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Gender Differential Effects of Technical and Vocational Training: Empirical Evidence for Tanzania

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  • Cornel Joseph
  • Vincent Leyaro

Abstract

This paper investigates the gender differential effect of technical and vocational educational and training (TVET) in Tanzania using data from the 2014 Integrated Labour Force Survey (ILFS). The multinomial logit model results for employment mobility show that TVET training significantly improves male and female chances of entering into formal employment while reducing their probability of being in informal work, agriculture or unemployed. The effects are much higher for females relative to males for almost all categories of education and training. The results show that although TVET training, and general education, increase male and female earnings significantly, the returns to TVET and general education are substantially higher for females. The decomposed gender earnings gap using Oaxaca and Blinder (1973) method reveals a significant gender earning gap in Tanzania, where males tends to earn significantly higher income (by 58 per cent on average) than females. As TVET and general education increase the probability of females to be in the formal employment more than for males, investing in girls skills training and education helps address the challenge of rising youth unemployment and increasing formal employment. Furthermore, as returns to TVET and general education are higher females, investing in girls’ skills training and education will help address gender earnings inequality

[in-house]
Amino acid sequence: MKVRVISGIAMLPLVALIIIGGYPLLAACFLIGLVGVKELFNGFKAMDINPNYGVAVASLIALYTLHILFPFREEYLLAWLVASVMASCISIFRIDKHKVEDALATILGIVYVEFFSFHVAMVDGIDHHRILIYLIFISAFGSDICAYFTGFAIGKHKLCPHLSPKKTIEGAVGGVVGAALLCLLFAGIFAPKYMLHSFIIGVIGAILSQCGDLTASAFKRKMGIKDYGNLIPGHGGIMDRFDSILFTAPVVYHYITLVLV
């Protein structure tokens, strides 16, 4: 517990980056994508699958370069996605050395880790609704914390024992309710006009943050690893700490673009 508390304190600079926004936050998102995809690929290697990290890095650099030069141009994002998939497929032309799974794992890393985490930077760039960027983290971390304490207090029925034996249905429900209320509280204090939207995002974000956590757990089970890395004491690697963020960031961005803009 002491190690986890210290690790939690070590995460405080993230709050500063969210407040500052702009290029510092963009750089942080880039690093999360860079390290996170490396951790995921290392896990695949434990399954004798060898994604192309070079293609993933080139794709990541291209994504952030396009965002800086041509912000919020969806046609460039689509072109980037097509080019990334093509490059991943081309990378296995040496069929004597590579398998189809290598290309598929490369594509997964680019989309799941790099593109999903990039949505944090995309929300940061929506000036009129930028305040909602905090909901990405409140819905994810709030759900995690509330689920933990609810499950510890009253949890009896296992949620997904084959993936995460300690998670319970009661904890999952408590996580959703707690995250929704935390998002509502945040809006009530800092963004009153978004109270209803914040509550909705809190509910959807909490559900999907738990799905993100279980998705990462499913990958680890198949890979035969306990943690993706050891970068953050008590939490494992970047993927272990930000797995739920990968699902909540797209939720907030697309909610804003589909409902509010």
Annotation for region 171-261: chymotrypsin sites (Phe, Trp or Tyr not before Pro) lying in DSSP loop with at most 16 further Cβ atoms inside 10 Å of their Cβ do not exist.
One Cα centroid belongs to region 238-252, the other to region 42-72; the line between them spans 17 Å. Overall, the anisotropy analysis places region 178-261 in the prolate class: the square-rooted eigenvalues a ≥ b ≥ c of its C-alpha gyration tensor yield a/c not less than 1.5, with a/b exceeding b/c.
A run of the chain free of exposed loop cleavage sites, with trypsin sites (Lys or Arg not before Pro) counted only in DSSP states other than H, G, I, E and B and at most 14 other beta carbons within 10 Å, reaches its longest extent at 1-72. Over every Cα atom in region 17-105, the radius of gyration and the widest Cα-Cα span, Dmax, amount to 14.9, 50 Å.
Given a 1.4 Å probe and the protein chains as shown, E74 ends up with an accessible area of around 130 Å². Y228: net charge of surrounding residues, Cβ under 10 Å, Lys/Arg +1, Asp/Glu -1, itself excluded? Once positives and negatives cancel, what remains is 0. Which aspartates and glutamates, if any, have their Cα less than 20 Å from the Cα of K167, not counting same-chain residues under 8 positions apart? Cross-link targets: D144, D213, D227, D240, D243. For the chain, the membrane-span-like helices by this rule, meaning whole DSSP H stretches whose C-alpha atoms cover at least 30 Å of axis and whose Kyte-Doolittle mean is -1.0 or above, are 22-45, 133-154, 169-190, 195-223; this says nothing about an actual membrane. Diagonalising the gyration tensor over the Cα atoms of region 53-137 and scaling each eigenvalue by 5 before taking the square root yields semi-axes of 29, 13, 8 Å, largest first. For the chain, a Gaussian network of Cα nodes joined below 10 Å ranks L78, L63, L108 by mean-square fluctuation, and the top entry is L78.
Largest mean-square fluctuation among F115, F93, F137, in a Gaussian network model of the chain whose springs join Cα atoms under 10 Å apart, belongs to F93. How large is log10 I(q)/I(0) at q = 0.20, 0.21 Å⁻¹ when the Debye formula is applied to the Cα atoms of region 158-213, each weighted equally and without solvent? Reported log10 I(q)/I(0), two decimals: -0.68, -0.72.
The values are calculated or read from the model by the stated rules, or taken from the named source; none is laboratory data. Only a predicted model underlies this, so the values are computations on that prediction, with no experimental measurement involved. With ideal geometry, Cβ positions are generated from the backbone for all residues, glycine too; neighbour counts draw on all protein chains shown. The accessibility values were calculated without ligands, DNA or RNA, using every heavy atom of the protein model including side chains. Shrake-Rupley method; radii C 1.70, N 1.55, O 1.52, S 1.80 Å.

Suggested Citation

  • Cornel Joseph & Vincent Leyaro, 2019. "Gender Differential Effects of Technical and Vocational Training: Empirical Evidence for Tanzania," Discussion Papers 2019-04, University of Nottingham, CREDIT.
  • Handle: RePEc:not:notcre:19/04
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    File URL: https://www.nottingham.ac.uk/credit/documents/papers/2019/19-04.pdf
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    Keywords

    gender; employment; returns to education; TVET; Tanzania;
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